The Adult Education community has a lot of opportunities to participate in the discussion through the high number of meetings, websites, blogs and social media available. The discussion in the Asia Pacific region can serve as a positive example where the UNESCO Bangkok office has taken the lead to explore future perspectives together with experts through a series of meetings:
The debate reached a first global momentum with the UN Thematic Consultation on Education in the post 2015 development agenda. The meeting in Dakar, March 2013, came up with priorities towards: “More focus on quality and how to measure it; on equity and access for hard-to-reach children; and what should happen during the first 3 years of secondary school.” These priorities clearly show that the current flow of processes and debates around new EFA goals are once again dominated by schooling needs of children.
At the same time there is also a great step forward in the Summary of Outcomes where: “Equitable quality lifelong education and learning for all” is proposed as an overarching education goal to realise the world we want. The Civil Society Communique of the Global Civil Society Forum on the post 2015 Development Agenda held in Bali in March 2013, came up with a statement that a future “framework must include goals and zero-targets on univer sal access to equitable healthcare, quality, inclusive edu cation and Lifelong Learning, water and sanitation, and food and nutrition security.”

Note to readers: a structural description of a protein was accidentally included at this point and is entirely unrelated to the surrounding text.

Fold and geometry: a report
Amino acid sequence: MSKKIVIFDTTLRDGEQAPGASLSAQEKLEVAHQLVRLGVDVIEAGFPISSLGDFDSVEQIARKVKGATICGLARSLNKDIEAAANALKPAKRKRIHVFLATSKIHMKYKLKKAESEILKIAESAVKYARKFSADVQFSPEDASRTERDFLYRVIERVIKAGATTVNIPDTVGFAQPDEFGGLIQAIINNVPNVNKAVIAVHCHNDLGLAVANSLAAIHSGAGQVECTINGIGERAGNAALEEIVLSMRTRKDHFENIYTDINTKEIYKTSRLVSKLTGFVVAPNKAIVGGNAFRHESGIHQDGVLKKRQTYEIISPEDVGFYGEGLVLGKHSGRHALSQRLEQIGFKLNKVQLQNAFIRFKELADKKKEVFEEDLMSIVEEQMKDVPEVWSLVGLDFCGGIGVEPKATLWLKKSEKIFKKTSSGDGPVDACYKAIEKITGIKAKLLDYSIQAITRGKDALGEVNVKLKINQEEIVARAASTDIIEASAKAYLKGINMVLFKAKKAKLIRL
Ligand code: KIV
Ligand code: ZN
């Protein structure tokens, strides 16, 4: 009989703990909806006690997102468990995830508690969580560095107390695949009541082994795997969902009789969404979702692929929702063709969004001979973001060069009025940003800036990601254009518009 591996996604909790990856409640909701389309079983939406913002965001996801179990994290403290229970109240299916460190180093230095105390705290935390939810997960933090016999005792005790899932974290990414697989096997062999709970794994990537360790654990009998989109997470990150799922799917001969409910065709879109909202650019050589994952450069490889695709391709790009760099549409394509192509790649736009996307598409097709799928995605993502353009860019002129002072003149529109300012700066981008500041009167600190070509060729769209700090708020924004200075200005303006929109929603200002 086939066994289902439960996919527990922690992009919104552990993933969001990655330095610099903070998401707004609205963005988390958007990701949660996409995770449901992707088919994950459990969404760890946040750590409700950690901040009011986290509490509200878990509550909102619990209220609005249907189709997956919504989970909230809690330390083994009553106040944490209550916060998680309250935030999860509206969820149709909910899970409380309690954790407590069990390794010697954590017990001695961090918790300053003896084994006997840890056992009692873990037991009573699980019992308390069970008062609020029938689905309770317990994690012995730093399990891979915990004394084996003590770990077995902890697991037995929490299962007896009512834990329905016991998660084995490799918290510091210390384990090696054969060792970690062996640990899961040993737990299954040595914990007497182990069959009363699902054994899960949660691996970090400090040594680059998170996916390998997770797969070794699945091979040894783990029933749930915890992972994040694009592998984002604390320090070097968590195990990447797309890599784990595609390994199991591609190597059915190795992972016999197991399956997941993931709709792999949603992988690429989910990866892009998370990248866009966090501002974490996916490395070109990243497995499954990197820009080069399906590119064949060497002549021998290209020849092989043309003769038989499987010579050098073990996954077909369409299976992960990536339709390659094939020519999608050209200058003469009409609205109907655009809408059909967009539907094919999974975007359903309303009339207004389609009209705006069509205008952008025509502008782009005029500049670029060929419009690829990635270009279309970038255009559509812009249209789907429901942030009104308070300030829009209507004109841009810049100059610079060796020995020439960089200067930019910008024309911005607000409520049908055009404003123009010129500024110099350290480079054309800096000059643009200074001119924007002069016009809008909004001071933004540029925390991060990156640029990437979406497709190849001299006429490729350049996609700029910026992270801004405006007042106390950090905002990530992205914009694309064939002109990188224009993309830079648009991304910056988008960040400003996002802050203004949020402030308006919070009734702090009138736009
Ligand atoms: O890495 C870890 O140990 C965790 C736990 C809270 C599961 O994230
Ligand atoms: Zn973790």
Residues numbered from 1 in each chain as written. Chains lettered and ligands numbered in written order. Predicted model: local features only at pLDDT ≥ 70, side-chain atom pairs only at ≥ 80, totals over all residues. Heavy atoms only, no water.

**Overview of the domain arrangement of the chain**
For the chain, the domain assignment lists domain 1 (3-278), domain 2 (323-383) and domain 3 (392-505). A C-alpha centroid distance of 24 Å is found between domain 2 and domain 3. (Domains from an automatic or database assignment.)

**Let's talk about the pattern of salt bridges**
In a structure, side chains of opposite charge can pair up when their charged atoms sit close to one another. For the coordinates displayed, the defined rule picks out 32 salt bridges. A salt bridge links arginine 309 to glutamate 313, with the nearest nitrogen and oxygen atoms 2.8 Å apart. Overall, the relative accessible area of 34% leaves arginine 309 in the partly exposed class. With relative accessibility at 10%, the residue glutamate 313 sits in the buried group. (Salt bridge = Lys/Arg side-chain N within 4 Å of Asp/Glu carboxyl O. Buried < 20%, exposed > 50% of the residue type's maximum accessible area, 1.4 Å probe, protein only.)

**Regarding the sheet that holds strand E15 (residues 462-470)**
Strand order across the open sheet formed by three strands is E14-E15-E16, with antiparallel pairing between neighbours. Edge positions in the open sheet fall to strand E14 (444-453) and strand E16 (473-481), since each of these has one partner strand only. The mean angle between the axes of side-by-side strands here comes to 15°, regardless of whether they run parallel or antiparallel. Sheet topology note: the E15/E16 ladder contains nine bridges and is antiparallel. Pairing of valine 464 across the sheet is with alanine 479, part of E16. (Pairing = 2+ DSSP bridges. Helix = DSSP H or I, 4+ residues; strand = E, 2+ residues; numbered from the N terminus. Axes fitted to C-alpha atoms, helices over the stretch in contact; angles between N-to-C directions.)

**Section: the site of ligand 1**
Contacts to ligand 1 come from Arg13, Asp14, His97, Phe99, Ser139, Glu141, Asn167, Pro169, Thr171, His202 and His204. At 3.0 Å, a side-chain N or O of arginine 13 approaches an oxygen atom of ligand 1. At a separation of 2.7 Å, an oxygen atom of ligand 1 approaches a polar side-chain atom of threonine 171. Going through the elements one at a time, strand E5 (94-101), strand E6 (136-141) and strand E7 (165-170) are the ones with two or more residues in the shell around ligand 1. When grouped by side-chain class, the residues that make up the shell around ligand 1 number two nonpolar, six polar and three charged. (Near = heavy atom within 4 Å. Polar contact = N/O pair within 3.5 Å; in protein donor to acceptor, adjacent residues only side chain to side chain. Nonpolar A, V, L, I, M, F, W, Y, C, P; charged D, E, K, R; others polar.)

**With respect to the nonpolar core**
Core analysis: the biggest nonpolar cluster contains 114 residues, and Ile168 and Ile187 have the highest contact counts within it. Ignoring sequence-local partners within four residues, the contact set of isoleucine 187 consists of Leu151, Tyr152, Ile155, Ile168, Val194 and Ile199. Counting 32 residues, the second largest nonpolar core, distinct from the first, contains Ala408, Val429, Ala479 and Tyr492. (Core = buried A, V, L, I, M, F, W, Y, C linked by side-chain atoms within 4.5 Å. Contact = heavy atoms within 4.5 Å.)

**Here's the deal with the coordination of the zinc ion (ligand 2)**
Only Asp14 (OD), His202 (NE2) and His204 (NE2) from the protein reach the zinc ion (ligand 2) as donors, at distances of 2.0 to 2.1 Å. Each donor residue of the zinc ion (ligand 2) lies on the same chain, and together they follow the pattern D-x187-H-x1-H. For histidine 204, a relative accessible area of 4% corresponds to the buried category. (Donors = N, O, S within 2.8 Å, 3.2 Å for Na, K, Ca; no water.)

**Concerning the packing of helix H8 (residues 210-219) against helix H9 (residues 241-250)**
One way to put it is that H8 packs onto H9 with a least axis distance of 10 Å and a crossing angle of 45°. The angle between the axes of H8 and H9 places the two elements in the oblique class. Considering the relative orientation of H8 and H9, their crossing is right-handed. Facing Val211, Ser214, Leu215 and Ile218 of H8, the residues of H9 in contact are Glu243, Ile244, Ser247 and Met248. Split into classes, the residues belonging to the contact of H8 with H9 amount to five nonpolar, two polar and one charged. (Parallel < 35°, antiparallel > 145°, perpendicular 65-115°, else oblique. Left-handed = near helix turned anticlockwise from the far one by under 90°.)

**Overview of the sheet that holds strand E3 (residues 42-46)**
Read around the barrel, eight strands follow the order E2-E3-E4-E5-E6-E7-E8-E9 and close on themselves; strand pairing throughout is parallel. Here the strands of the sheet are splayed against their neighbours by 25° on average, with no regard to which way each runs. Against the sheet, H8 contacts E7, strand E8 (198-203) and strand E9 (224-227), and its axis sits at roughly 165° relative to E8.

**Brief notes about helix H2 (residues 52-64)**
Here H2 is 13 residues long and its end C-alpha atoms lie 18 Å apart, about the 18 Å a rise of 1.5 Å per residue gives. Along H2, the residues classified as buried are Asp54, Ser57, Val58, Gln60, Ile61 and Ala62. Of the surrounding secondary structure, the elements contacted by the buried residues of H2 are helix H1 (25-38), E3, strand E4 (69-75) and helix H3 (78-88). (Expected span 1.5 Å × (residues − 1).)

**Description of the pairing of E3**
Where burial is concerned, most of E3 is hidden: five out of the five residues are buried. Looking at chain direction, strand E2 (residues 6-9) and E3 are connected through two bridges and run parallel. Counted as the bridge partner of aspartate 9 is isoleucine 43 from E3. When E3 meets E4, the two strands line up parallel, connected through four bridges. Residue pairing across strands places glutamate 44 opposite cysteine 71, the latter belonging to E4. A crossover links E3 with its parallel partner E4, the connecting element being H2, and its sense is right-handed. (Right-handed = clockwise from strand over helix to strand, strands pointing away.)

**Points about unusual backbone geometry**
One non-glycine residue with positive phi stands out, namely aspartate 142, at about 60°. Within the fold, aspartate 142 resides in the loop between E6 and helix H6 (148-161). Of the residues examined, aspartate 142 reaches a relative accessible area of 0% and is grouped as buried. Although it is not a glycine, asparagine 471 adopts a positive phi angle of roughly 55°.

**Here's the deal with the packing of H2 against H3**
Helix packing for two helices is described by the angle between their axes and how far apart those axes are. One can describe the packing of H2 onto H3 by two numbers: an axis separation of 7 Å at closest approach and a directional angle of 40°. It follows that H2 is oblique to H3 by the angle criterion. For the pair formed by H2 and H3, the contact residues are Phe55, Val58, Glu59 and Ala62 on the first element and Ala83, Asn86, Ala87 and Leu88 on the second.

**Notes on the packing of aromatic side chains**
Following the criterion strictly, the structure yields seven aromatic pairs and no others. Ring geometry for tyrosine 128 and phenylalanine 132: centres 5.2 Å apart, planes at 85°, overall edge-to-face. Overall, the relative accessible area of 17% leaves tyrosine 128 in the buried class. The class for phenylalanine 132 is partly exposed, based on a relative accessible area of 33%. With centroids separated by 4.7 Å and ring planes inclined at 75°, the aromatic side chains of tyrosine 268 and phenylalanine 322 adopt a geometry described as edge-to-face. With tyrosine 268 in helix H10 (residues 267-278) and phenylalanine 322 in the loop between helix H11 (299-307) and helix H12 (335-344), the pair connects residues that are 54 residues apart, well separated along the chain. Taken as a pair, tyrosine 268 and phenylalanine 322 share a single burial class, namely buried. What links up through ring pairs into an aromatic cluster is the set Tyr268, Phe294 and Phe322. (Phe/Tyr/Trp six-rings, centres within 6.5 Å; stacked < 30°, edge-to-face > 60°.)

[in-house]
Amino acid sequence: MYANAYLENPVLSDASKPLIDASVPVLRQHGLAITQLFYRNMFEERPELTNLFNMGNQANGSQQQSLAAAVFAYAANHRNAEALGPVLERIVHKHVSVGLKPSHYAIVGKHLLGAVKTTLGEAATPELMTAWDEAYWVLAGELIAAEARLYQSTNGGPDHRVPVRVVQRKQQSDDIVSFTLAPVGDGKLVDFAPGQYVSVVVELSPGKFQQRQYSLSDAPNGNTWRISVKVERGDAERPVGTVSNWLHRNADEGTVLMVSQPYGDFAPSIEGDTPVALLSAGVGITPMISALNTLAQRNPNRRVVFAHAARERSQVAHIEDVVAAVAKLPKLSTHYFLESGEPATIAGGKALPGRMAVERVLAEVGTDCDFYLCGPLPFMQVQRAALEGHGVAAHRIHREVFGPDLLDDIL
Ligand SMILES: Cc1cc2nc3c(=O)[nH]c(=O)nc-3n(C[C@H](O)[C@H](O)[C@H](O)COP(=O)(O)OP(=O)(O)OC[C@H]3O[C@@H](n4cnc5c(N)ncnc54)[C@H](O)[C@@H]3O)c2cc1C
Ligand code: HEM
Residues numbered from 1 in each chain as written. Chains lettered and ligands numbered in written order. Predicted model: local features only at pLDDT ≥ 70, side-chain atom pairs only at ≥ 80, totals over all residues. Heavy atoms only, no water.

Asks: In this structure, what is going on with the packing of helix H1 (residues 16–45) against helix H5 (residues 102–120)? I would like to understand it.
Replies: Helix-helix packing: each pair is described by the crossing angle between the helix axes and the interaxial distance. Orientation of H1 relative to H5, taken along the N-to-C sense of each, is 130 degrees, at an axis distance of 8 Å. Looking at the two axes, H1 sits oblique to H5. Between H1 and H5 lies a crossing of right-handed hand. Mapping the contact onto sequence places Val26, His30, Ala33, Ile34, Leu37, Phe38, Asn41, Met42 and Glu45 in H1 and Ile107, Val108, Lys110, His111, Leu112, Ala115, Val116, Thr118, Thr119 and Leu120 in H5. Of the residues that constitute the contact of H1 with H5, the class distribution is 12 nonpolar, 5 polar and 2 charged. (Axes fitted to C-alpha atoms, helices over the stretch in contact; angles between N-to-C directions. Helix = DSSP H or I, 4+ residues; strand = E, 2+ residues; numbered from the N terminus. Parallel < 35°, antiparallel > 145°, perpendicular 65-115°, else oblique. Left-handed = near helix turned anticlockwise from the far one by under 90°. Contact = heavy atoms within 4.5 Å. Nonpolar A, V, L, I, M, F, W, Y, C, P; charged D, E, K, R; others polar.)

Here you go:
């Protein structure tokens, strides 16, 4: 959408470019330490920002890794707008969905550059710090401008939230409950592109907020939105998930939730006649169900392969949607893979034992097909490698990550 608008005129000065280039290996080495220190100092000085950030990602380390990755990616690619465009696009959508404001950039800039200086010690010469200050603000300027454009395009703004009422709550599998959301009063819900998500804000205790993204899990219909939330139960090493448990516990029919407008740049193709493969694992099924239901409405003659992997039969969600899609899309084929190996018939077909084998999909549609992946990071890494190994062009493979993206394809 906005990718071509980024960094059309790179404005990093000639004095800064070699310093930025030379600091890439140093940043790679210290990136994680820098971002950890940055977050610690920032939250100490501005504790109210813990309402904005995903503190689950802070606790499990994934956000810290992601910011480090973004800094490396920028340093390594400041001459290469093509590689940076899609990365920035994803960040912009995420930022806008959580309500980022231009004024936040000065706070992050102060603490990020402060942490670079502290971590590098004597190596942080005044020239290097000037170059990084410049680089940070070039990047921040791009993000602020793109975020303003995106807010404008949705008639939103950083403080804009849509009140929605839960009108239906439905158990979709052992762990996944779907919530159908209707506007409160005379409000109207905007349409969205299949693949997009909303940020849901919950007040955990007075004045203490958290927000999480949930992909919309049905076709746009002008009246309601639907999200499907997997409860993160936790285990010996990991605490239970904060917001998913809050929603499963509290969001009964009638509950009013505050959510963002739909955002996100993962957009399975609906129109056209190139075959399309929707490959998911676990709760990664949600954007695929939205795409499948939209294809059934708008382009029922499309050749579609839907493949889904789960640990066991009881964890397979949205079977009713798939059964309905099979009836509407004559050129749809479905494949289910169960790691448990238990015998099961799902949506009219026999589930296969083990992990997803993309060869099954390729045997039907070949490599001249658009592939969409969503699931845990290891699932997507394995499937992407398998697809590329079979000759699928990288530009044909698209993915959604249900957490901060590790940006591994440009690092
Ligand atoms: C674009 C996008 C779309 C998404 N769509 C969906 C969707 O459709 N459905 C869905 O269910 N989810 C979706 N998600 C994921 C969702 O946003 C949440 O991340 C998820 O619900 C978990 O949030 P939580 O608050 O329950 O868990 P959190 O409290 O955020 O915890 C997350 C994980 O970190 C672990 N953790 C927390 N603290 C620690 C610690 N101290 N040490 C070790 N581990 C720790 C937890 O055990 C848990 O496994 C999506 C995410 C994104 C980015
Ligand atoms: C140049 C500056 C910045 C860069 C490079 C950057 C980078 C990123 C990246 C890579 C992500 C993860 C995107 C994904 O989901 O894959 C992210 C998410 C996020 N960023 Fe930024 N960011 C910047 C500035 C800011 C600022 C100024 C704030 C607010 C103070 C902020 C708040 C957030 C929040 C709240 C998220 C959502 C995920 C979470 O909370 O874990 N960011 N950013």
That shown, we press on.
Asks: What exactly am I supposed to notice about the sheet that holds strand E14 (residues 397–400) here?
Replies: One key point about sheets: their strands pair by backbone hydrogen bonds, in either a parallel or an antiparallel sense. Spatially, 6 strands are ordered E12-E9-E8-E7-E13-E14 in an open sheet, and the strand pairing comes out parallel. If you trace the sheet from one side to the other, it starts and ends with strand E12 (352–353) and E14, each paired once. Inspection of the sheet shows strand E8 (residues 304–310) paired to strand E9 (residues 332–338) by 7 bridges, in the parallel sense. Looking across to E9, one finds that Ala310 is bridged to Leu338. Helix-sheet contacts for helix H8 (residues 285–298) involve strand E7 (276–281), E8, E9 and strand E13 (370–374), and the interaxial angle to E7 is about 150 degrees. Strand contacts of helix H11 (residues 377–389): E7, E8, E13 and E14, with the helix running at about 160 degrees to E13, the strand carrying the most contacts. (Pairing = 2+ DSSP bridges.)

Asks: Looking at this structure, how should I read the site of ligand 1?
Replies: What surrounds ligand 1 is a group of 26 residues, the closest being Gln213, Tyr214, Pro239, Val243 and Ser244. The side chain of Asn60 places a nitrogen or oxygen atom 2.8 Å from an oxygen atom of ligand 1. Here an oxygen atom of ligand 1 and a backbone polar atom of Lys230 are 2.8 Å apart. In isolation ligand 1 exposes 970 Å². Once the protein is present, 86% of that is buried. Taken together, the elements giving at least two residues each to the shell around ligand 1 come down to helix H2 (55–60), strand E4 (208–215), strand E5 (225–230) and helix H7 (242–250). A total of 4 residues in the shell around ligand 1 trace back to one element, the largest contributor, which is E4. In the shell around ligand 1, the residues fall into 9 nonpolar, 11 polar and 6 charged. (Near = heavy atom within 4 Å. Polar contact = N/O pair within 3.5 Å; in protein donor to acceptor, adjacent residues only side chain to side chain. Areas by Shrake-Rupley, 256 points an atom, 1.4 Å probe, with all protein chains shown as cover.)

By engaging in these debates now, and deepening them through our journal, we hope to provide an increased opportunity to have an in-depth-discussion of why “Lifelong Learning for All” would be an overarching aim that sets education as a human right as well as skills and competencies for citizenship, livelihoods, and vocational needs as an overall orientation.
It is not too late for the Adult Education community to get more deeply involved. Members of ICAE should do it at the national and regional level. The Adult Education community can strengthen its positions and claims through evidence-based policy recommendations coming from good practice. All readers of this publication are invited to join the discussion in a virtual seminar organised for early 2014 [click here for details]. Potential issues to be raised include: